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Saturday, April 30, 2011 AJ, Community Member, asks

Q: 37 years old with Osteoporosis

Hello, I just came across this site and am hoping for some advice.  I am not sure if this question was previously posted, I apologize if it is.  I am 37 and recently diagnosed with Osteoporosis.  I have a fractured rib and fractured spine and this is why I was sent for xrays and a bone density test.  My T score ranges from -3.5 to -3.9.  My dr wants to put me on Boniva and Miacalcin.  Everything I read is that these drugs are for postmenopausal women and have severe side effects.  I may want to have a child and don't want to be concerned with the longevity of the treatment affects.  They do not know why I have Osteoporosis and I feel they should keep testing until they find out rather than just put me on drugs.  They thought I had hyperparathyroidism but now say I don't.  I need to get my bones back to good but I am not sure if I should be on bisphosphonates.  Any thoughts/suggestions?   Thank you so much!   

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Answers (3)
4/30/11 5:19pm

Greetings AJ,

 

At such a young age with a recent (fragile??) fracture and very low T-score (less than -3.0), I would strongly recommend seeing a super specialist, specifically a bone mineral specialist.

 

You will likely have to travel. One program is in St. Louis, MI:

Bone Health Program at Barnes-Jewish Hospital and Washington University School of Medicine is a national referral center for the prevention, diagnosis and treatment of metabolic bone diseases, particularly osteoporosis and Paget's disease, with emphasis on patient care, research and teaching.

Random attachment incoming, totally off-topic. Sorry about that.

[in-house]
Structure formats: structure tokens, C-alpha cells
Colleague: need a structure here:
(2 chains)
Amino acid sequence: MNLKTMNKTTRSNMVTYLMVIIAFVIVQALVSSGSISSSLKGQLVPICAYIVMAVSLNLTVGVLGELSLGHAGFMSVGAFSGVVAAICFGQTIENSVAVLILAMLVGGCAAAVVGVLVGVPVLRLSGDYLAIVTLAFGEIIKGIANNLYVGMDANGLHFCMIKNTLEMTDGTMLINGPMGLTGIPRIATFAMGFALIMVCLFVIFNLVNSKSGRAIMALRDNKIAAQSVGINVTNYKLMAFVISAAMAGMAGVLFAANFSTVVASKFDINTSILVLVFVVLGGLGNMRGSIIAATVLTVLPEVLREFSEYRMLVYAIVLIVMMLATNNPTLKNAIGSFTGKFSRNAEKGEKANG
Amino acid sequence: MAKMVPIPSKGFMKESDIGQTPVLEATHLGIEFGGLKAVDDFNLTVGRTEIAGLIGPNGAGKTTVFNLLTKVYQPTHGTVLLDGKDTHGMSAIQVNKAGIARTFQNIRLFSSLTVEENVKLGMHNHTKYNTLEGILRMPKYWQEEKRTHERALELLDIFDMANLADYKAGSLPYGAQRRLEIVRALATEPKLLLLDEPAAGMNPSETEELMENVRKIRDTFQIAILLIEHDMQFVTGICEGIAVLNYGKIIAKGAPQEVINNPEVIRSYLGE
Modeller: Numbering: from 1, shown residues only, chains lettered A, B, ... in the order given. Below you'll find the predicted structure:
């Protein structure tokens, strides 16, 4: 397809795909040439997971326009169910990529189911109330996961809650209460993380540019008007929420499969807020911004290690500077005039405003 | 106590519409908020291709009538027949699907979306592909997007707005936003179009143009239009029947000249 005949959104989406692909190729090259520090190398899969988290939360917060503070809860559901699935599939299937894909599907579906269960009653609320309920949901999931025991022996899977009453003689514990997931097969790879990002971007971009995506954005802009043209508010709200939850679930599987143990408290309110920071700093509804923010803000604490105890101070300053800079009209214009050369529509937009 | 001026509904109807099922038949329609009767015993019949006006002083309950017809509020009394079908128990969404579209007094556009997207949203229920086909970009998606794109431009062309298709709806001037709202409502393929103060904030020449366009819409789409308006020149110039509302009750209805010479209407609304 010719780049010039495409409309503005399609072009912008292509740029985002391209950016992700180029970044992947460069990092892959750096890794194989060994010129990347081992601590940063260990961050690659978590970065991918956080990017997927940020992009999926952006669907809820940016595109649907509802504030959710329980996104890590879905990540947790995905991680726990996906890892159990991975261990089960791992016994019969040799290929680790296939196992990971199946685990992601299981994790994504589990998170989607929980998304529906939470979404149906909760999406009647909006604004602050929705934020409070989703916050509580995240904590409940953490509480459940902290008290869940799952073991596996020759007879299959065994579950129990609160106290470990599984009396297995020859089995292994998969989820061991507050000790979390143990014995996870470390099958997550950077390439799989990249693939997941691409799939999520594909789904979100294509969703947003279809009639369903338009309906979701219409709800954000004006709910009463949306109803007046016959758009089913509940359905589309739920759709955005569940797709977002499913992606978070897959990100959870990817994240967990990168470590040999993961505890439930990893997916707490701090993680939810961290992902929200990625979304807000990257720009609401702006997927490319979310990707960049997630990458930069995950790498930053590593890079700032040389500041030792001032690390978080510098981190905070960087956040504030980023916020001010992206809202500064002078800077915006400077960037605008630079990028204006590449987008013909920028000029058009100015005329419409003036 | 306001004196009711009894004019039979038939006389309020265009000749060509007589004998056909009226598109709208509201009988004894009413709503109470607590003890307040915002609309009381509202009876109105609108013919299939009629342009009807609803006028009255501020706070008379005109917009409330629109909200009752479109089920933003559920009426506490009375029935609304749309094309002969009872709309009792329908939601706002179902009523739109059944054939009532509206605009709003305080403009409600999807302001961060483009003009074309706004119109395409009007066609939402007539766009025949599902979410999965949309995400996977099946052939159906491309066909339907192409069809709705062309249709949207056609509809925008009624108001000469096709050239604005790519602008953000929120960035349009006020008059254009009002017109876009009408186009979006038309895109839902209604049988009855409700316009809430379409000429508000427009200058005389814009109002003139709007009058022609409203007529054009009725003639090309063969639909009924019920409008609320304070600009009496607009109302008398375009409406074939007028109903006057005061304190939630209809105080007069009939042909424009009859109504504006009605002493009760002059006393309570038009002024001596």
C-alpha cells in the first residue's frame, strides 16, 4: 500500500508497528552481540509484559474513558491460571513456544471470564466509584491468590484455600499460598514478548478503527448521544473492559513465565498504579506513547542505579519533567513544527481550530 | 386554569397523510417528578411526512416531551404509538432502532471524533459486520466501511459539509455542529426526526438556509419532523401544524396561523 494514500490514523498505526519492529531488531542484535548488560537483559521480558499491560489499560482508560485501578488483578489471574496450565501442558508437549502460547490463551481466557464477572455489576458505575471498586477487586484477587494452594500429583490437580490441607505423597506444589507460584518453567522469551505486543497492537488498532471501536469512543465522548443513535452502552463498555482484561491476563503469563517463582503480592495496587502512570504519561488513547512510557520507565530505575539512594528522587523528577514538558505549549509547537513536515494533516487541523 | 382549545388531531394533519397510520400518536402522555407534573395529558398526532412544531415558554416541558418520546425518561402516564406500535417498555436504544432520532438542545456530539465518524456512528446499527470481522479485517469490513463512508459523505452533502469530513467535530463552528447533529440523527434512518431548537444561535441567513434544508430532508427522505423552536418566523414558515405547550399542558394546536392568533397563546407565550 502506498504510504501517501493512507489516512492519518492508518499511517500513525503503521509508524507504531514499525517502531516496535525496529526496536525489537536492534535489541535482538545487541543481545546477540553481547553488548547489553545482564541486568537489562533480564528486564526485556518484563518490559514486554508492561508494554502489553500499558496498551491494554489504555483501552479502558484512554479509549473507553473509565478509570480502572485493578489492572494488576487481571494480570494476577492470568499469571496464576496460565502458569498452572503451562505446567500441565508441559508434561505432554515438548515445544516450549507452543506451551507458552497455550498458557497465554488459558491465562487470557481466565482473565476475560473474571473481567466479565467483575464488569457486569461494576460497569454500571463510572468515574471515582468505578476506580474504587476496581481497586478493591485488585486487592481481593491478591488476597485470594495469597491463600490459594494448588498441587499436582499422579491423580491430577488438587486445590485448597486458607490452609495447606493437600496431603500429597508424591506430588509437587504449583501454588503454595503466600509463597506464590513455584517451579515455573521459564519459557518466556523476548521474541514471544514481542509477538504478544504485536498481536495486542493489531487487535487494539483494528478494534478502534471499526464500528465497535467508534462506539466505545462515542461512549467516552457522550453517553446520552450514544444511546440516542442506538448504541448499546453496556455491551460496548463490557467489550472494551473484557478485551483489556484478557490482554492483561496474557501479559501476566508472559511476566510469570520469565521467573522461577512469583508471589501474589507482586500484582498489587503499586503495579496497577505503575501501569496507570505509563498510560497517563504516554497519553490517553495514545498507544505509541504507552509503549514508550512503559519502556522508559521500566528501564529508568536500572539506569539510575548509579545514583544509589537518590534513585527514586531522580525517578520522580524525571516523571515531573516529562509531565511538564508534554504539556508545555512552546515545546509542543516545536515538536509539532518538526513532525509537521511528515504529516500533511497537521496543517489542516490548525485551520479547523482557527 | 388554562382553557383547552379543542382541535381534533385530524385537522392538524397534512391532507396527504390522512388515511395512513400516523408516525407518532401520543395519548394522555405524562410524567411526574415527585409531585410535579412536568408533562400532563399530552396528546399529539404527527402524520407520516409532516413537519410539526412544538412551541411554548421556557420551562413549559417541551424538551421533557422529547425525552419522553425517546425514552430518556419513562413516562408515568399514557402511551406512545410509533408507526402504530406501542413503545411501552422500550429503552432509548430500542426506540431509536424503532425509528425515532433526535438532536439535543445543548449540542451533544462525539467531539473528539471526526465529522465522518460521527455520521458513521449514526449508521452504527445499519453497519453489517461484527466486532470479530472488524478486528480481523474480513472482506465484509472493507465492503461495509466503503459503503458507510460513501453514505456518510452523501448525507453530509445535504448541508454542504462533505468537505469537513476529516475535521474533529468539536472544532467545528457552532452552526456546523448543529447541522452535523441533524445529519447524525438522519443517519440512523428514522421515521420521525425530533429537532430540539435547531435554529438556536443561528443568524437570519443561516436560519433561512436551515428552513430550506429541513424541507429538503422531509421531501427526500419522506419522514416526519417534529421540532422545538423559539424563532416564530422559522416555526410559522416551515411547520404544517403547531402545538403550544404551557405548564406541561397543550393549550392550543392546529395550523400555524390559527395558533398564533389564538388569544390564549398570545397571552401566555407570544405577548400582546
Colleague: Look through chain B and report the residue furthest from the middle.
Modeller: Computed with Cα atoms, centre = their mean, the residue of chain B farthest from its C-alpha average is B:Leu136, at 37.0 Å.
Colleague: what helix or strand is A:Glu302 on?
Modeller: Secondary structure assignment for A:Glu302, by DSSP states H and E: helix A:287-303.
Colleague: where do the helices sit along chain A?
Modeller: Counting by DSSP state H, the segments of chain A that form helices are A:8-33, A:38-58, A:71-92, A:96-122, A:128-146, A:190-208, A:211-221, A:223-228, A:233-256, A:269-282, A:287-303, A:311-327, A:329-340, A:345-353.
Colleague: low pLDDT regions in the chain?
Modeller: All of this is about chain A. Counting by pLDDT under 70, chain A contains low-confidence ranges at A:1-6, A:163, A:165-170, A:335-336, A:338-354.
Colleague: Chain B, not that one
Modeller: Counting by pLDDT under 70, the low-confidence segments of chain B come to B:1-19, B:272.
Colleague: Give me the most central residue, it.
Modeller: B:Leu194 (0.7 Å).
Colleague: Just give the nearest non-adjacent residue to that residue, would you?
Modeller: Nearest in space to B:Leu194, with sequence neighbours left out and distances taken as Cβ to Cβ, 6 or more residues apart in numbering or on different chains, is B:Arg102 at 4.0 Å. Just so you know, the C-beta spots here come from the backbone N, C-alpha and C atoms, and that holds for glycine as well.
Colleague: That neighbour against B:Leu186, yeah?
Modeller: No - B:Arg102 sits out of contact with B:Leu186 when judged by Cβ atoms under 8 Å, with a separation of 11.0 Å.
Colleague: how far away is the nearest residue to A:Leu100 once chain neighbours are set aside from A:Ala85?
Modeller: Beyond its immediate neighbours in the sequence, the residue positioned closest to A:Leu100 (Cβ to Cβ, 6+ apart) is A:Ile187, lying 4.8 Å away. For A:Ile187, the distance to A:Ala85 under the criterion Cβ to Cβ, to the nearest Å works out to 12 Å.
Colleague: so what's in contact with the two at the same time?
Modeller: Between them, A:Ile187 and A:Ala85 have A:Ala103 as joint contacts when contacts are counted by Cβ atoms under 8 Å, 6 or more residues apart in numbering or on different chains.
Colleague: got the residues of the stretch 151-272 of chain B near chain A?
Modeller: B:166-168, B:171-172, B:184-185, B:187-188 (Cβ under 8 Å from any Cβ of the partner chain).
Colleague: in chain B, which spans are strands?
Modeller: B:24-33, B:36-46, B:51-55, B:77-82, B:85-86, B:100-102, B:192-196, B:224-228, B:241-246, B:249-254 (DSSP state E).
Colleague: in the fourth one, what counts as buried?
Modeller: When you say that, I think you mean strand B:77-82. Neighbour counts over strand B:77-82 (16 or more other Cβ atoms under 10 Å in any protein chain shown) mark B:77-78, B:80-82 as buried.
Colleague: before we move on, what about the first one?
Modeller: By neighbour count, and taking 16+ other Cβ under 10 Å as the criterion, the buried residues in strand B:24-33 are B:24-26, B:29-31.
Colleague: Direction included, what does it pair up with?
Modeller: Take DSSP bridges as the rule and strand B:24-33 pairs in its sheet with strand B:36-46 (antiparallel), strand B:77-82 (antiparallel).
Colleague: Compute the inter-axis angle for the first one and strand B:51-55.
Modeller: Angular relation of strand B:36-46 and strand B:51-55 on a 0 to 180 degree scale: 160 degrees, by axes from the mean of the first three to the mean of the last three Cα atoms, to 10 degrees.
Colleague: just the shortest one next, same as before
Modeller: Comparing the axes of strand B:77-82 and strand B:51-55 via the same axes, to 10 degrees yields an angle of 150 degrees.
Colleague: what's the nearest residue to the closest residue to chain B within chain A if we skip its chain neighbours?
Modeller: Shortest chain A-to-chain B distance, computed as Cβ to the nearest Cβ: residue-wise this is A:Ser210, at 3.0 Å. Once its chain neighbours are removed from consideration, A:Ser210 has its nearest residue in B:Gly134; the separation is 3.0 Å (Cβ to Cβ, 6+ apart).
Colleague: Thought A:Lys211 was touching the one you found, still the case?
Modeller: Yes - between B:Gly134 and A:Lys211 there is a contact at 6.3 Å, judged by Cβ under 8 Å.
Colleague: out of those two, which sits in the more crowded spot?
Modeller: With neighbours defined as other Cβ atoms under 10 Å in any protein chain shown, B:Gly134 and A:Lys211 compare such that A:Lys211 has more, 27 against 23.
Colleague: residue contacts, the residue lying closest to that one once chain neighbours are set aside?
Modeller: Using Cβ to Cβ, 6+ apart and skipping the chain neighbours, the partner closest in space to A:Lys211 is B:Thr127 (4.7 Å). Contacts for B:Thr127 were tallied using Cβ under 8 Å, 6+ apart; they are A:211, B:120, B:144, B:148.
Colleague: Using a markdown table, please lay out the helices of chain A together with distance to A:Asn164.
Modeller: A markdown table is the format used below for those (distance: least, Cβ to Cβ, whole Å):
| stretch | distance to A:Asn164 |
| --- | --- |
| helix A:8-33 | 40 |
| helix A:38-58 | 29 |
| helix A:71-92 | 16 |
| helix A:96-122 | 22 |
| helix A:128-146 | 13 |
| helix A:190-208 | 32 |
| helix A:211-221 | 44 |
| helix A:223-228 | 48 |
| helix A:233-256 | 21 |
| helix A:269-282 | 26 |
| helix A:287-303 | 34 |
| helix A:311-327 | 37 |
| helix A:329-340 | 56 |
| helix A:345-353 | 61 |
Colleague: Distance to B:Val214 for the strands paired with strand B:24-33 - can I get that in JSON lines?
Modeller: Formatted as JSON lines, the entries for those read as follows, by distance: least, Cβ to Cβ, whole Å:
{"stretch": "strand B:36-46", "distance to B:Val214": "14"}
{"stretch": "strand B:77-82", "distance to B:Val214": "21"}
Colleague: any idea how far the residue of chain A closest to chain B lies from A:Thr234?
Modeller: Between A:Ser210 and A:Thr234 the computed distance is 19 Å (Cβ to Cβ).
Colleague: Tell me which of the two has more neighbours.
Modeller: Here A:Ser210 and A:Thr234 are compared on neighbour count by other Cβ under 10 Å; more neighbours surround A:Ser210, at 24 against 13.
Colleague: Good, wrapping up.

Another program is in the state of New York:

Winthrop-University Hospital has been internationally recognized as a leader in osteoporosis research, with supporting grants from many sources, including the National Institutes of Health and the pharmaceutical industry. The Hospital’s bone mineral specialists conduct basic science and clinical bone metabolism studies, examining pathogenic mechanisms responsible for the development of skeletal fragility and osteoporosis.

 

For more information, please read my article When to Consult with a Bone Expert

 

Your health and possibly your child's health depends on you getting some expert care in this matter.

 

Dr. Christina Lasich, MD

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AJ, Community Member
4/30/11 6:00pm

Thanks for the tip, Dr. Lasich! I will definitely look into it.

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karenoma, Community Member
5/ 1/11 5:33pm

I also thank Dr. Lasich. I am happy to know of these programs, and looking into them seems a good course for you to follow -- there must be something else there since you are so young!  Good luck and I wish you a return to good health!

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karenoma, Community Member
5/ 1/11 5:33pm

I also thank Dr. Lasich. I am happy to know of these programs, and looking into them seems a good course for you to follow -- there must be something else there since you are so young!  Good luck and I wish you a return to good health!

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karenoma, Community Member
5/ 1/11 5:25pm

Please, please go to the Topix site www.topix.com/  

I think in that site, the discussion is identified as the Sally Field discussion or blog.

Read the testimonials there -- pages of them.  Please, please do NOT take any of these meds, bisphosphonates.  These meds work by stopping old bone removal, thus making the bones thicker [but brittle because it is old bone], AND ALSO stopping new bone building.  It is new bone that gives bone flexibility.  How can bones heal if no new bone is made?  How can they not ache and not become brittle if there is only old bone and it is never shed?   Take plant-source calcium, vitamin D and other minerals, a diet of high alkaline [low acid] foods, and do as much strengthening exercise as you can!